Women Secure Clean Water in Côte d’Ivoire to Save Community’s Health

Three Kids are drinking water from a dirty pound
Water from the marsh in Anyama caused outbreaks of bilharziasis among residents.
Photo by SUNY for USAID
Neighborhood organizes to solve water safety and shortage issue
“Practically every other child suffered from this illness because we all supply ourselves from the same source.”

January 2017—Kindo Aïssata, 42, has lived in Belleville, a small district in Côte d’Ivoire’s town of Anyama, for 15 years. Just like the rest of the district’s population of 13,000, she has faced water shortages the entire time she has lived there.

Aïssata and her children used to walk up to 30 kilometers every other day to get drinking water at the fountain located outside the perimeter of the city. As a result of having to collect water to drink and shower before going to school, all the children in the neighborhood were constantly tired and sick, and their academic performance suffered.

During the post-electoral crisis of 2011, things got worse when Aïssata and her children could no longer go to the fountain because of security issues. Ultimately, people in Belleville had no other option but to get water from the marsh. The distance to the marsh was shorter than the fountain, but the water was unclean and health problems soon appeared.

“My children and I had black spots and pimples that appeared on our bodies,” says Aïssata. “We suffered from indigestion regularly. I remember that two campaigns against bilharziasis [also known as schistosomiasis] were organized in my neighborhood and its peripheries. At that time, practically every other child suffered from this illness because we all supply ourselves from the same source. So rainwater was a blessing for us.”

That all changed in January 2016 after Aïssata, who is a member of an Anyama community group, took part in a USAID-supported workshop about how to improve the delivery of government services. During the session, participants learned about the role of advocacy and the responsibilities of locally elected officials to advocate for their communities. Aïssata shared what she had learned with members of her NGO, Vision Emergence, a women's economic empowerment group.​​​​​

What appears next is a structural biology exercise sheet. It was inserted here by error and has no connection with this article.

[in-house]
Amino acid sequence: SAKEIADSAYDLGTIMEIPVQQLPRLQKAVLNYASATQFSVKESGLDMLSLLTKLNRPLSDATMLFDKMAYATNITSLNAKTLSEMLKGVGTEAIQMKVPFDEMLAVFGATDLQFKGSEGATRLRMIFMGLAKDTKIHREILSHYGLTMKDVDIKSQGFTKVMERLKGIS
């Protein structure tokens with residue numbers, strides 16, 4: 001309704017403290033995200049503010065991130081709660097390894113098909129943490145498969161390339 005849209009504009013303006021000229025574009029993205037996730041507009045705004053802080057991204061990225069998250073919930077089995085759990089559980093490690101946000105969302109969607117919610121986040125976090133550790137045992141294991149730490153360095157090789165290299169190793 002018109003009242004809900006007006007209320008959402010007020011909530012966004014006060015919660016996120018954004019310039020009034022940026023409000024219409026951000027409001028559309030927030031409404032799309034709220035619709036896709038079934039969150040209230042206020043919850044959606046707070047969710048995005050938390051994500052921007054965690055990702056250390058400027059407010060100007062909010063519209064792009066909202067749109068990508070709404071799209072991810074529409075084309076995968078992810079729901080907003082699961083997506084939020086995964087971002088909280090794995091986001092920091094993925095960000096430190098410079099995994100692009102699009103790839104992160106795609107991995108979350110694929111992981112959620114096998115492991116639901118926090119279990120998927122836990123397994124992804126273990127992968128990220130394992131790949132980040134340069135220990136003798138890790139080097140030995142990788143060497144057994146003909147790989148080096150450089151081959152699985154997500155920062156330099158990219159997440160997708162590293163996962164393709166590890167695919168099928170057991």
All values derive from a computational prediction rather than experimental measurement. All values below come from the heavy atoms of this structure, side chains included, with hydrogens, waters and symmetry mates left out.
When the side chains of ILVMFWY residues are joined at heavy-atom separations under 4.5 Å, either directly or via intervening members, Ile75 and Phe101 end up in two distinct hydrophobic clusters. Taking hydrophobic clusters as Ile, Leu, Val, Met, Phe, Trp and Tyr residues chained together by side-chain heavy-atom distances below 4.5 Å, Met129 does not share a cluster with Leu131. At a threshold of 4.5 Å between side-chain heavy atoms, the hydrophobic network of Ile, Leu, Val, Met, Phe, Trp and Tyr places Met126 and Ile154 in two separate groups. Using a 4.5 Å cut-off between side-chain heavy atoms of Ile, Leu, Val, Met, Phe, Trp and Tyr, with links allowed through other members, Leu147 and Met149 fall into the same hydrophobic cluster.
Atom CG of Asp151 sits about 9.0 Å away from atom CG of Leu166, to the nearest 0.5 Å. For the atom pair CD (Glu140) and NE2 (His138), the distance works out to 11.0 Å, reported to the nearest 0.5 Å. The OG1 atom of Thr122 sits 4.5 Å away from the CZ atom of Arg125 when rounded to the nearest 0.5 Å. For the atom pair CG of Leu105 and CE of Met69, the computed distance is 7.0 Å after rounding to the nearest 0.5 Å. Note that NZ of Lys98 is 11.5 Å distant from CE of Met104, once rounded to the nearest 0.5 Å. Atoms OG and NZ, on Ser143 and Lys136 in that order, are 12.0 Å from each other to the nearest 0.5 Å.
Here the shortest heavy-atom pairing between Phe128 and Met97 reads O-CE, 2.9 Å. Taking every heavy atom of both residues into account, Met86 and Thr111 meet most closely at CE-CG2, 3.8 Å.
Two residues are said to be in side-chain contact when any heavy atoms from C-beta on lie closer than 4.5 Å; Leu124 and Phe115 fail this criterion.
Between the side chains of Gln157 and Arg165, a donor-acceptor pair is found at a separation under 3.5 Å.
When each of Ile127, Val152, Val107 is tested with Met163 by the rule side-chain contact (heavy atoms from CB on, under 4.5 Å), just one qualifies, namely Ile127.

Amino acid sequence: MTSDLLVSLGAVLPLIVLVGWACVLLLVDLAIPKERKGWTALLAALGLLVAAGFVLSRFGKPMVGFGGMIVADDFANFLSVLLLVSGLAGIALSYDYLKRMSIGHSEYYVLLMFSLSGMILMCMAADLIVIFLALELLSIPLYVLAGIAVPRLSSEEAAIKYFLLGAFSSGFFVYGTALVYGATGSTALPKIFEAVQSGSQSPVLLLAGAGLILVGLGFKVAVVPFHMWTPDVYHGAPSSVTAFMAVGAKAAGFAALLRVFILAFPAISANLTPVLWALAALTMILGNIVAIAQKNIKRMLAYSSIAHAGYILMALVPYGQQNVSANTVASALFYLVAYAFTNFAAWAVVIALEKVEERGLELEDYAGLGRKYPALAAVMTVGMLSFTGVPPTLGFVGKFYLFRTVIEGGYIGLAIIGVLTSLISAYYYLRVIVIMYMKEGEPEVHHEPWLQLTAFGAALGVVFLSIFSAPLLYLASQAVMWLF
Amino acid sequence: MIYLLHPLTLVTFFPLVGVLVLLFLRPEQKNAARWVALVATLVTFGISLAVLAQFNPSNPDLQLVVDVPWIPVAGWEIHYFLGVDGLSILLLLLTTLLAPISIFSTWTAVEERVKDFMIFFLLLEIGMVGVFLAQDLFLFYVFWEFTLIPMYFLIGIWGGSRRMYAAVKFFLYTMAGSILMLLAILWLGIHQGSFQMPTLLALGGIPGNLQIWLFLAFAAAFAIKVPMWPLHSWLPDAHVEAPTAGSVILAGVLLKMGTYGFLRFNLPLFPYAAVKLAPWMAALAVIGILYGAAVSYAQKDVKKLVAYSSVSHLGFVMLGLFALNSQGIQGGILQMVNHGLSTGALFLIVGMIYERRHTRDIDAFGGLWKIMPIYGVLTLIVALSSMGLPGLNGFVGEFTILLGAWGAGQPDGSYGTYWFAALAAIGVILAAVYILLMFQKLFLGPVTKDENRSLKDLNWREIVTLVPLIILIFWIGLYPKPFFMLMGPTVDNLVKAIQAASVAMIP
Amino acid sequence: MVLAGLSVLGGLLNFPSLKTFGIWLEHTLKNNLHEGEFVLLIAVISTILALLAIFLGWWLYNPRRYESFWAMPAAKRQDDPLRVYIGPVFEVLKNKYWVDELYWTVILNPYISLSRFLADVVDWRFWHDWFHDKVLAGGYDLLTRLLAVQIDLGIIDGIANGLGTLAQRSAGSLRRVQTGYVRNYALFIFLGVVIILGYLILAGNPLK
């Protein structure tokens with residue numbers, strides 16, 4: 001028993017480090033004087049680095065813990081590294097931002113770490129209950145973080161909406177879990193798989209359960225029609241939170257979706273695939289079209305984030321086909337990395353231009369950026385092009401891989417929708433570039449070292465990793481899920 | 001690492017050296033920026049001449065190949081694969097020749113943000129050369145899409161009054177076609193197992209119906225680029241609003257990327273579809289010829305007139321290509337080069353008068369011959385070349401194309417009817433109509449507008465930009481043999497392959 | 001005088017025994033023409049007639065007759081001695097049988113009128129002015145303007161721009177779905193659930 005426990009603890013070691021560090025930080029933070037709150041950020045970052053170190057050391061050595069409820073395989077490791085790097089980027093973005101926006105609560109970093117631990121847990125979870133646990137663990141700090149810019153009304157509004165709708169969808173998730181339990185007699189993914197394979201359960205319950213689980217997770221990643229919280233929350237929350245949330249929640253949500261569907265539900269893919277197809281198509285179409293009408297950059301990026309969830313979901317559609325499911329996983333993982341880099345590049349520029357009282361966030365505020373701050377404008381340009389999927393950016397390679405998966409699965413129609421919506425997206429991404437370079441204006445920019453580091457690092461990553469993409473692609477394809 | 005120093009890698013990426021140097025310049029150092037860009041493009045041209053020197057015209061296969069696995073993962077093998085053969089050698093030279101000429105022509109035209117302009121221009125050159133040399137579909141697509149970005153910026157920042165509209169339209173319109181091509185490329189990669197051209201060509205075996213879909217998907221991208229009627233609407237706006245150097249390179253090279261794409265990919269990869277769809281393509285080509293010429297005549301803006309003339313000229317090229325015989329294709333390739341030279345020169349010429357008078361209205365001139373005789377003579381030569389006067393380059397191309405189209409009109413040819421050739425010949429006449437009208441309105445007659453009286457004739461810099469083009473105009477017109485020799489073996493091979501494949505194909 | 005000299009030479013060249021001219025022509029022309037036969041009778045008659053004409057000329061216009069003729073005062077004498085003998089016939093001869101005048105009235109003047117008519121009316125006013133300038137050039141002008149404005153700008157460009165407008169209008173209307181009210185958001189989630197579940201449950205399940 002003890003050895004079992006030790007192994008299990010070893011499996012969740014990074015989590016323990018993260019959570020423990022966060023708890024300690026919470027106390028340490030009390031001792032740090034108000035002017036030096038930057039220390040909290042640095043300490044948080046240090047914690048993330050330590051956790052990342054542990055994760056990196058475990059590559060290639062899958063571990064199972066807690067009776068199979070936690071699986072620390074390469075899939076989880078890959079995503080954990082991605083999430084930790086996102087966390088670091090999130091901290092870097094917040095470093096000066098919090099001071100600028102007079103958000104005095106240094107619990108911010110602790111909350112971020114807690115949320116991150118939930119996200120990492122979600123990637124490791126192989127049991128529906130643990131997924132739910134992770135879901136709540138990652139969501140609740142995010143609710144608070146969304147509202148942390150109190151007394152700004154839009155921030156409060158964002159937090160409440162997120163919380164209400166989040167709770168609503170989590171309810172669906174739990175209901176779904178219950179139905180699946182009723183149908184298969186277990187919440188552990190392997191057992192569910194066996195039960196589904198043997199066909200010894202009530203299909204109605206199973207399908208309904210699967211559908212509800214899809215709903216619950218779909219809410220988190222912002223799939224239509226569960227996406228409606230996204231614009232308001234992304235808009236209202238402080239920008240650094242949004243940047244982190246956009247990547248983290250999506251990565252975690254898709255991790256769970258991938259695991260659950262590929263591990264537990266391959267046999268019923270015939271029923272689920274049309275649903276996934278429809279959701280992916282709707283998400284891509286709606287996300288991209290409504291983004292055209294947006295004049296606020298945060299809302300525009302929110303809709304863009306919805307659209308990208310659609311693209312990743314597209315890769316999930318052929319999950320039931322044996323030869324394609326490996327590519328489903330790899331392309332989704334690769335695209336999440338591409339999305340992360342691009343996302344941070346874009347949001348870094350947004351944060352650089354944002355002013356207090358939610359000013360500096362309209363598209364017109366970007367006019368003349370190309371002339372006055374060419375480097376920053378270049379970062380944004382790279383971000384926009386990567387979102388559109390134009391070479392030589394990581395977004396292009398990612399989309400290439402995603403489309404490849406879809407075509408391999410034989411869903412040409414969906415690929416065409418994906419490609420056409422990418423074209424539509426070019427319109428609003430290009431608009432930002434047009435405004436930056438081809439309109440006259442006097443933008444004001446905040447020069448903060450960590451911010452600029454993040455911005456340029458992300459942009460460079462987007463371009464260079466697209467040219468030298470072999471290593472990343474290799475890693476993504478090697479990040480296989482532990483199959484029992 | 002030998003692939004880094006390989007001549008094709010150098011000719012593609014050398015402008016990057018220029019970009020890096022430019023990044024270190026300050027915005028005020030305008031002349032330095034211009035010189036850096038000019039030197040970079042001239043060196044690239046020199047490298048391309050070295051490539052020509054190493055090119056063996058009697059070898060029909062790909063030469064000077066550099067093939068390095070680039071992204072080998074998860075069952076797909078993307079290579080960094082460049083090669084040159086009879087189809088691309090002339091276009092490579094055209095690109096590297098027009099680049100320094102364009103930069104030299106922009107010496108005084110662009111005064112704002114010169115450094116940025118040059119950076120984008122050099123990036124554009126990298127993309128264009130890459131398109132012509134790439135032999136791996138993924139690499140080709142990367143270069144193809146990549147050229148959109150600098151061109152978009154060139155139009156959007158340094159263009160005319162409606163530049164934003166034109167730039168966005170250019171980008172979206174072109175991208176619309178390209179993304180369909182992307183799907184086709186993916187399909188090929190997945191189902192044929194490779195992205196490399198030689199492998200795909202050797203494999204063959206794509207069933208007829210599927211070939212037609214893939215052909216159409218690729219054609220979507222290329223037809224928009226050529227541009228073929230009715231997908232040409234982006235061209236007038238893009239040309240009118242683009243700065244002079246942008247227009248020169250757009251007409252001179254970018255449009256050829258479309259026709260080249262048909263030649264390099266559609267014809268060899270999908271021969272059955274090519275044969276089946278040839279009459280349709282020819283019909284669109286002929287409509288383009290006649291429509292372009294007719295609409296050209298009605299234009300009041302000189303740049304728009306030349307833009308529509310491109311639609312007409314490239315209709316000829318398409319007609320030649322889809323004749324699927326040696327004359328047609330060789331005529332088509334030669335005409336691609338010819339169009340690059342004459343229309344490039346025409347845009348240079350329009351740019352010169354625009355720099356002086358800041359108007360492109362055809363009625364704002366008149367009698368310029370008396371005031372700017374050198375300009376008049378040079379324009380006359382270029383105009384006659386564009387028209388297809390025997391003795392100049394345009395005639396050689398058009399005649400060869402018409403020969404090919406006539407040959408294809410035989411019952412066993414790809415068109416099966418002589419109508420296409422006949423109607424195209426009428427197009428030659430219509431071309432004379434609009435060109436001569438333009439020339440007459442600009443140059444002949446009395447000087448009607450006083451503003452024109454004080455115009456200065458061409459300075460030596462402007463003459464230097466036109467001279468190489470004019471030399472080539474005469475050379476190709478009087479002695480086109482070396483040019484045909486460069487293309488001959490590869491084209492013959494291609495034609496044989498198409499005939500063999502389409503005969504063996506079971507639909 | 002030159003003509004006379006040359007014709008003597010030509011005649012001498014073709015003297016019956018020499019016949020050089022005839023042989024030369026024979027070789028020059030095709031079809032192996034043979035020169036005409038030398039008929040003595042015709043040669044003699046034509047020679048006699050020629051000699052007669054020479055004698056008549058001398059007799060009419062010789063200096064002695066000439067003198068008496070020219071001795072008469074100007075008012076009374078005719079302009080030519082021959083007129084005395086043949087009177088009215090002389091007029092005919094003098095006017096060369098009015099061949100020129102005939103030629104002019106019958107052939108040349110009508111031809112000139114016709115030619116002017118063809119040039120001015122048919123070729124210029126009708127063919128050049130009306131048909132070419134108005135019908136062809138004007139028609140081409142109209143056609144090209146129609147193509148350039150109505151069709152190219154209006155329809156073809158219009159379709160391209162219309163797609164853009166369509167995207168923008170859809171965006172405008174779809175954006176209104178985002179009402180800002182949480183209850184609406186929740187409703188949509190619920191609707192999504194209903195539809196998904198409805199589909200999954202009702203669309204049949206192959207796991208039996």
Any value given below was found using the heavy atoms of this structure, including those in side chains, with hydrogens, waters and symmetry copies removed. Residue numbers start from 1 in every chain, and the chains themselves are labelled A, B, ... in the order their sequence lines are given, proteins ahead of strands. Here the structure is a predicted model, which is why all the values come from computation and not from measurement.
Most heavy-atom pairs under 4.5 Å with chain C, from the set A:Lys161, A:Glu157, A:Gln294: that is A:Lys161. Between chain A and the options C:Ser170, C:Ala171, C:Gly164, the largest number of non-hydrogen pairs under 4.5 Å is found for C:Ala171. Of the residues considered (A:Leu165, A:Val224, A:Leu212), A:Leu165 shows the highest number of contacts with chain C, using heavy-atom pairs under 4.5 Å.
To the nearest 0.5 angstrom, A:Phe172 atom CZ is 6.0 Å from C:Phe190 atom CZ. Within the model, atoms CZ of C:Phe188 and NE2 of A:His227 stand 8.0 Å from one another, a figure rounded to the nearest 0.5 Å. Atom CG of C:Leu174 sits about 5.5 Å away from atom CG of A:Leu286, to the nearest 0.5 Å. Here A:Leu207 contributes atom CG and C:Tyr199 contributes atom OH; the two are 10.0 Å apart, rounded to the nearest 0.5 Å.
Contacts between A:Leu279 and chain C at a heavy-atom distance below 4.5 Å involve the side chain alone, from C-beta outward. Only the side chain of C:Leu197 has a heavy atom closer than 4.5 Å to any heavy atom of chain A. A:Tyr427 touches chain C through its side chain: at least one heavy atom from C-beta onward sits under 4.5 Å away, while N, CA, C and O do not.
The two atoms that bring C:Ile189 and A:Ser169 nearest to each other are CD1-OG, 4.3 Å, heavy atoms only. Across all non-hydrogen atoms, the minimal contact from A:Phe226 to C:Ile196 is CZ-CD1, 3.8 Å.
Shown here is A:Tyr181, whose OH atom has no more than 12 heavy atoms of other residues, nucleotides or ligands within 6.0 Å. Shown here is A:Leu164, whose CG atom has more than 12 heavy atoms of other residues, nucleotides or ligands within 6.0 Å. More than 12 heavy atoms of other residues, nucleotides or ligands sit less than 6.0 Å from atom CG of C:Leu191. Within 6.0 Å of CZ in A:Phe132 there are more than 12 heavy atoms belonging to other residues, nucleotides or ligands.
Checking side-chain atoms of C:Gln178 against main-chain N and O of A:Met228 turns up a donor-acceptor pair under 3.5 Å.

In February, along with women from the community and members of the NGO, Aïssata met the local manager of the water distribution company. To make her case, she brought a sample of the water she had been drinking from the marsh. One by one, each woman testified about how the water had affected members of their families. Faced with the heartfelt presentation, the local distribution company manager committed to supplying the district with clean drinking water.

The following week, the National Office of Drinking Water, a government-run water distribution company,  began to supply the entire Belleville district with clean drinking water through daily water truck deliveries that filled up community members’ water tanks. Ever since, there have been no cases of bilharziasis.

For Aïssata, one-third of the household budget that was previously used to cope with health problems due to poor water quality is now being used for household savings. For the  Belleville community, the situation has greatly improved. While Belleville has found a solution, there is still a lack of clean drinking water in other rural districts outside of Anyama not serviced by the water distribution company.

The USAID Legislative Strengthening Program in Côte d’Ivoire began in December 2012 and will run through December 2017. The program has set up collaborative community groups, such as the one Aïssata belongs to, in 34 communities made up of local civil society actors, elected officials, and traditional chiefs to respond to community needs. The program provides technical support to enhance legislative skills, knowledge and ability within the National Assembly.


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